Basic cable lures viewers with risque content
Basic-cable networks like FX, Comedy Central and MTV, which take pride in shrugging off censorship taboos, are gearing up to welcome lots of disgruntled broadcast TV viewers in 2005.
The grumpiness, particularly among young audiences, will almost certainly grow as the broadcast networks continue to soften the content of their shows, bowing to the dictates of the Federal Communications Commission, which has begun doling out humongous fines for everything from indecency to foul language.
Cable TV networks, as a category, are already harvesting a bigger share of the audience, on average, than the broadcast webs, which have lost more than 2 million viewers in primetime so far this season while cable was climbing in the other direction, adding just under 3 million.
At least one reason for the growing disparity is that ad-supported cable has begun to eclipse broadcasting as the place for eye-poppingly raunchy programming.
Just ask Tim Brooks, senior VP of research for Lifetime TV, who says the kind of sexy stuff that would pass unnoticed on cable often creates a furor on broadcast TV.
Brooks cites the satirical spot ABC ran Nov. 15 right before “Monday Night Football” — a discreetly naked Nicolette Sheridan successfully seducing Eagles wide receiver Terrell Owens — to promote both Sheridan’s “Desperate Housewives” and “MNF.”
That spot, which so riled Michael Powell, FCC commissioner, that he snapped, “I wonder if Walt Disney would be proud,” would not have caused a ripple if it had run on a Disney-owned cable channel like Soap Net.
Similarly, if Janet Jackson’s “wardrobe malfunction” during last season’s Super Bowl halftime had run on MTV, not sister Viacom net CBS, cable viewers would’ve heaved a collective ho-hum, says Brooks.
The bluenoses are well aware of what cable is getting away with. Lara Mahaney, head of corporate and entertainment affairs for the D.C.-based Parents TV Council, says her organization’s goal is to try to chip away at the economic foundation of networks like FX and Comedy Central by urging Congress to pass a law ordering cable systems to sell basic-cable channels a la carte, the way HBO and Showtime get bought by subscribers.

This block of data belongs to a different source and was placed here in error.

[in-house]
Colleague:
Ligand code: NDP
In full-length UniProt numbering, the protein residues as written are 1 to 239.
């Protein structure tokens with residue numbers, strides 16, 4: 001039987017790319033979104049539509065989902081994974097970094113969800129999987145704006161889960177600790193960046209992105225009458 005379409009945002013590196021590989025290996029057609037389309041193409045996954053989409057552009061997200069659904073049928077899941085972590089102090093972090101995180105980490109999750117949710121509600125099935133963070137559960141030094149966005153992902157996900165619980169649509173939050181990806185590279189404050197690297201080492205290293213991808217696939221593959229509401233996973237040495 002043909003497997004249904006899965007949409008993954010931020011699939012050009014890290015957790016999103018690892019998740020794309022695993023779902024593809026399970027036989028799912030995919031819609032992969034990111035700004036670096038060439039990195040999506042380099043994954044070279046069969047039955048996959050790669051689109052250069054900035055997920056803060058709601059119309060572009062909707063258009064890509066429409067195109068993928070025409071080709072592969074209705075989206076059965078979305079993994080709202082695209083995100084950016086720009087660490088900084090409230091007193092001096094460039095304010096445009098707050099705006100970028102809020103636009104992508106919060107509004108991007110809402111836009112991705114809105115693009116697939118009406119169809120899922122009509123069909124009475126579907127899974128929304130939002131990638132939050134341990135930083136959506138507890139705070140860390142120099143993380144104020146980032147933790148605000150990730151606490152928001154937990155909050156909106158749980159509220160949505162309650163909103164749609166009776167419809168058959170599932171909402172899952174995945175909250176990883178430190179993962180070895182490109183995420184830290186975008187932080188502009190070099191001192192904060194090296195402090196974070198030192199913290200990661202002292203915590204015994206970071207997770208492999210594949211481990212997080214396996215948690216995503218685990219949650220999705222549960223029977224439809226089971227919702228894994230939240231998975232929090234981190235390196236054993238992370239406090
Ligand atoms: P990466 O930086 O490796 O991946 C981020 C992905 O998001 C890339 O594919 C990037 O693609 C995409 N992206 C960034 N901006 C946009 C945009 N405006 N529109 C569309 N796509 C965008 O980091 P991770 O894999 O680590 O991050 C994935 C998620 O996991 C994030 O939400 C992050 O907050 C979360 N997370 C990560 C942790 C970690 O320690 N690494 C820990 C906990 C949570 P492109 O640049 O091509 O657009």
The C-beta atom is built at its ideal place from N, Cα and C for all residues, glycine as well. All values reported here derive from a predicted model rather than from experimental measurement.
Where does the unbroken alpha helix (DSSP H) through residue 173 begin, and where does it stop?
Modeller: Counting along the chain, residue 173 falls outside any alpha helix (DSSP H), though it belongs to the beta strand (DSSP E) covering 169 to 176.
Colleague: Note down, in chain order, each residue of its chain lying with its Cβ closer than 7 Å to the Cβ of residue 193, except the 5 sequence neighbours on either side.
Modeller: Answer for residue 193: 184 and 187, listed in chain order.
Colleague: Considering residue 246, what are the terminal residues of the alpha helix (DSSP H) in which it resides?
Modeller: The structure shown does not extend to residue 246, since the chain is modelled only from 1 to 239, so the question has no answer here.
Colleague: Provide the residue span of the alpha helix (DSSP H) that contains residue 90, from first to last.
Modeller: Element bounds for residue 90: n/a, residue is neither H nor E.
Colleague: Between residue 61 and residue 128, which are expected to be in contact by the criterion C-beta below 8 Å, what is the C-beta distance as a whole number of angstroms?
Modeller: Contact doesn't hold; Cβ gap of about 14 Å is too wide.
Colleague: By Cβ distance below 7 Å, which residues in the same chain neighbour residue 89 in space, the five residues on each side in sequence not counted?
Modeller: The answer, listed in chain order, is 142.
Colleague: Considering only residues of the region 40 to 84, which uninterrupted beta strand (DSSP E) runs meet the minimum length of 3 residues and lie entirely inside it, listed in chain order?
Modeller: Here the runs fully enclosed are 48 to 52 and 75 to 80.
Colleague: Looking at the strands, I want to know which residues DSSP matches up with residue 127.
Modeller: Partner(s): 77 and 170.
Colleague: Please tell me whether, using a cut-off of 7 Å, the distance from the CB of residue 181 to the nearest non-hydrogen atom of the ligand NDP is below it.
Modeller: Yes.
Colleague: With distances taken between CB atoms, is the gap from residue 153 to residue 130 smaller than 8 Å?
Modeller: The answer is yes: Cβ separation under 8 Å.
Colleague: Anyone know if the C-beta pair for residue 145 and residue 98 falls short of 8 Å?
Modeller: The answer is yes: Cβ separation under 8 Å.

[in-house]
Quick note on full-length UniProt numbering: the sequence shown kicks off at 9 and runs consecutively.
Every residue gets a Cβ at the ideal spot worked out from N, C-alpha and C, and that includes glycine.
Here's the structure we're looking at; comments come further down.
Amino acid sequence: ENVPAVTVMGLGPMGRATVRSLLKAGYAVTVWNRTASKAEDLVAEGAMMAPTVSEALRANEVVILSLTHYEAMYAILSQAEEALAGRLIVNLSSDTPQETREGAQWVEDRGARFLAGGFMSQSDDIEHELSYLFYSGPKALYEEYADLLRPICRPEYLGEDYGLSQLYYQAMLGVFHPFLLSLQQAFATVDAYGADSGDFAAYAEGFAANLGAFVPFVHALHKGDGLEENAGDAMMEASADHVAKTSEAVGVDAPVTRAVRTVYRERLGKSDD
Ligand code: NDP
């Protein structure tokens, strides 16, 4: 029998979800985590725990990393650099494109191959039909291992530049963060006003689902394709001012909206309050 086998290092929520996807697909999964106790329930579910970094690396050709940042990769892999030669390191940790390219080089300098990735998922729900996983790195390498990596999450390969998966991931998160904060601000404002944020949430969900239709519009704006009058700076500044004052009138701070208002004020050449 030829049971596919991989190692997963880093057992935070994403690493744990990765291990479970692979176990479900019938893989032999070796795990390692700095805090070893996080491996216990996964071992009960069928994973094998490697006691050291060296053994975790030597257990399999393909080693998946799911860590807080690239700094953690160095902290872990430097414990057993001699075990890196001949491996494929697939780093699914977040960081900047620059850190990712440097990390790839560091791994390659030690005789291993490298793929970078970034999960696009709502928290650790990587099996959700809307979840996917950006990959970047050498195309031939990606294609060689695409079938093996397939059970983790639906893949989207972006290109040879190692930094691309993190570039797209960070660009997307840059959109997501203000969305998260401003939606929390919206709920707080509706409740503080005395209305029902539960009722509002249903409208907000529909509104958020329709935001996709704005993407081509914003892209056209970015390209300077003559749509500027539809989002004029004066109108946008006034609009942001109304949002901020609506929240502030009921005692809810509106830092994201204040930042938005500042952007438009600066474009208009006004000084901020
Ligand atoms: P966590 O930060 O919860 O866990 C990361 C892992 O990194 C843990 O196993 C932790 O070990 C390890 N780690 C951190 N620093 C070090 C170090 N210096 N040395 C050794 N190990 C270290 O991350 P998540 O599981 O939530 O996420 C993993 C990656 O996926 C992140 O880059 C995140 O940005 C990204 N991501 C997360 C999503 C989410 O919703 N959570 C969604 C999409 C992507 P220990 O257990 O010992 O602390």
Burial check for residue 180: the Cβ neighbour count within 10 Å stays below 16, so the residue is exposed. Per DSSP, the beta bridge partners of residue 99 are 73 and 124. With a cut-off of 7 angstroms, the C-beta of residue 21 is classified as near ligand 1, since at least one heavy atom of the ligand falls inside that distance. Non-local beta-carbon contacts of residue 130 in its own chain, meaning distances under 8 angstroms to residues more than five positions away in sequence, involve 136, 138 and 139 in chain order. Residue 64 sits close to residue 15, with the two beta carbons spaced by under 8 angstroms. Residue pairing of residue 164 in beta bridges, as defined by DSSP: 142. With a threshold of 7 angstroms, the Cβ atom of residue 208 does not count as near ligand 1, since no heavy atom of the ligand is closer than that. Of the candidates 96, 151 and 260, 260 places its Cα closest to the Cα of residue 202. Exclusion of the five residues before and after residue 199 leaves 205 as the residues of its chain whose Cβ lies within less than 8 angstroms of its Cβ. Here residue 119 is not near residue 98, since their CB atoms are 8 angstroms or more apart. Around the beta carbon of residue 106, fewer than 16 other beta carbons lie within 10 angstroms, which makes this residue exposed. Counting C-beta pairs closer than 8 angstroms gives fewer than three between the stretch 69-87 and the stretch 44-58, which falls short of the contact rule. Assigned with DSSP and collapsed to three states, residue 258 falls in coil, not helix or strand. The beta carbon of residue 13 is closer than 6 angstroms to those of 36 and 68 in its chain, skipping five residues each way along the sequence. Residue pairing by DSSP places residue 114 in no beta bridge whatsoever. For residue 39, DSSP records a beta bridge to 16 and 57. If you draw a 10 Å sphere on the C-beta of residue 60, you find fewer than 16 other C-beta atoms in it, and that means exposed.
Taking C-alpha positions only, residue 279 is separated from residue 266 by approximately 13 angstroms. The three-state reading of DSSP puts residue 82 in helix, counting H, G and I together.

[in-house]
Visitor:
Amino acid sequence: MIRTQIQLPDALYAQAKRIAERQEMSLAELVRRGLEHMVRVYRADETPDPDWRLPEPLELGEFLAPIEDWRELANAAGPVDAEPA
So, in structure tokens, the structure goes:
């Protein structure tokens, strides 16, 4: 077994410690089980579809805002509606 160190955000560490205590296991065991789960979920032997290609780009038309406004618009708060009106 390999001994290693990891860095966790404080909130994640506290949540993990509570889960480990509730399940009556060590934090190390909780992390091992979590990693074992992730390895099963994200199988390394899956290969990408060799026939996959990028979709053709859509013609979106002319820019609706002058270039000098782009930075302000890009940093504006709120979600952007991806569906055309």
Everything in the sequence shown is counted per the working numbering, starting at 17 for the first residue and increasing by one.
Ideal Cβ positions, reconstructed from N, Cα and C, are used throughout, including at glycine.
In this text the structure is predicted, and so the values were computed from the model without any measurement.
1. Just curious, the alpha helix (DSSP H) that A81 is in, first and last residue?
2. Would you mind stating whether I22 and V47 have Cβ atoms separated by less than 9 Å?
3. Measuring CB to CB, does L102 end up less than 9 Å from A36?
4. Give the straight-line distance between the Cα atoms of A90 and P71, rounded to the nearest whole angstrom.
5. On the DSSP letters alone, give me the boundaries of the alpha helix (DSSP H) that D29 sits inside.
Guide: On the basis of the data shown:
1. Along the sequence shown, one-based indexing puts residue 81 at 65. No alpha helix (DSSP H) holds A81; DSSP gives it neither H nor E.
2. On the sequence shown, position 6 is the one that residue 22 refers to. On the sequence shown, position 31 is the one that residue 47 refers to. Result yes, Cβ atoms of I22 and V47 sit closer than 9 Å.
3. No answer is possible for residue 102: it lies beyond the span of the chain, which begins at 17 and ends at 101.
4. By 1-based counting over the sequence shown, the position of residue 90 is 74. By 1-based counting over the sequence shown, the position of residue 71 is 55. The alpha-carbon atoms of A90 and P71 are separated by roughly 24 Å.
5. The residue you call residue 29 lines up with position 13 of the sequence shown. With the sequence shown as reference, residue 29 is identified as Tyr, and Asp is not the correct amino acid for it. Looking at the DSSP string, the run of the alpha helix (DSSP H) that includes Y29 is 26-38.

So far, the cable industry has successfully forestalled any serious move toward such a law by focusing on the threat not only to networks that parents groups don’t like but to ones they have no problem with, such as Lifetime, TLC and ABC Family.
The industry argument goes like this: Advertising revenues are vital to the bottom line of most cable networks; if cable systems didn’t bundle them into the customer’s bill for one fee — as part of a multinetwork, expanded-basic package — not enough viewers would buy them as standalones, for a separate price.
For example, HBO takes no advertising, but it reaches only about 27 million subscribers. By contrast, because of bundling, each of the 25 largest ad-supported cable networks is available to more than 86.5 million. If these networks plunged to HBO subscriber levels, Madison Avenue would lose interest, and many of the cable webs would go out of business.
Madison Avenue also gets bombarded by the Parents TV Council, which often urges viewers to stop buying products advertised on such shows as FX’s “Nip/Tuck,” Comedy Central’s “South Park” and MTV’s “Laguna Beach.”
But John Landgrafe, president of entertainment for FX, says even though FX series such as “Nip/Tuck,” “The Shield” and “Rescue Me” are on some Madison Avenue hit lists, “advertisers have bought into our strategy and they sign up on our terms.”
FX’s advertisers are gung ho, says Landgrafe, because the network series that push against the edges of content draw a disproportionate number of 18-to-49-year-old viewers who are upscale, urban and well-educated.
As a former NBC programming executive, Landgrafe finds cable a boon because it doesn’t have to kowtow to a small army of risk-averse general managers of TV stations, who will refuse to carry a broadcast-network show, no matter how worthy, if they think it might offend someone in their community.
(Sixty-six ABC affiliates canceled a showing of “Saving Private Ryan” because of fear the FCC would go after them with fines and threats to their license renewals.)
Nothing like that kind of pressure exists among cable networks, which love that advantage because, as Bill Carroll, VP and director of programming for Katz TV, puts it, “The edgier shows are the ones that get people talking and pull in the viewers.”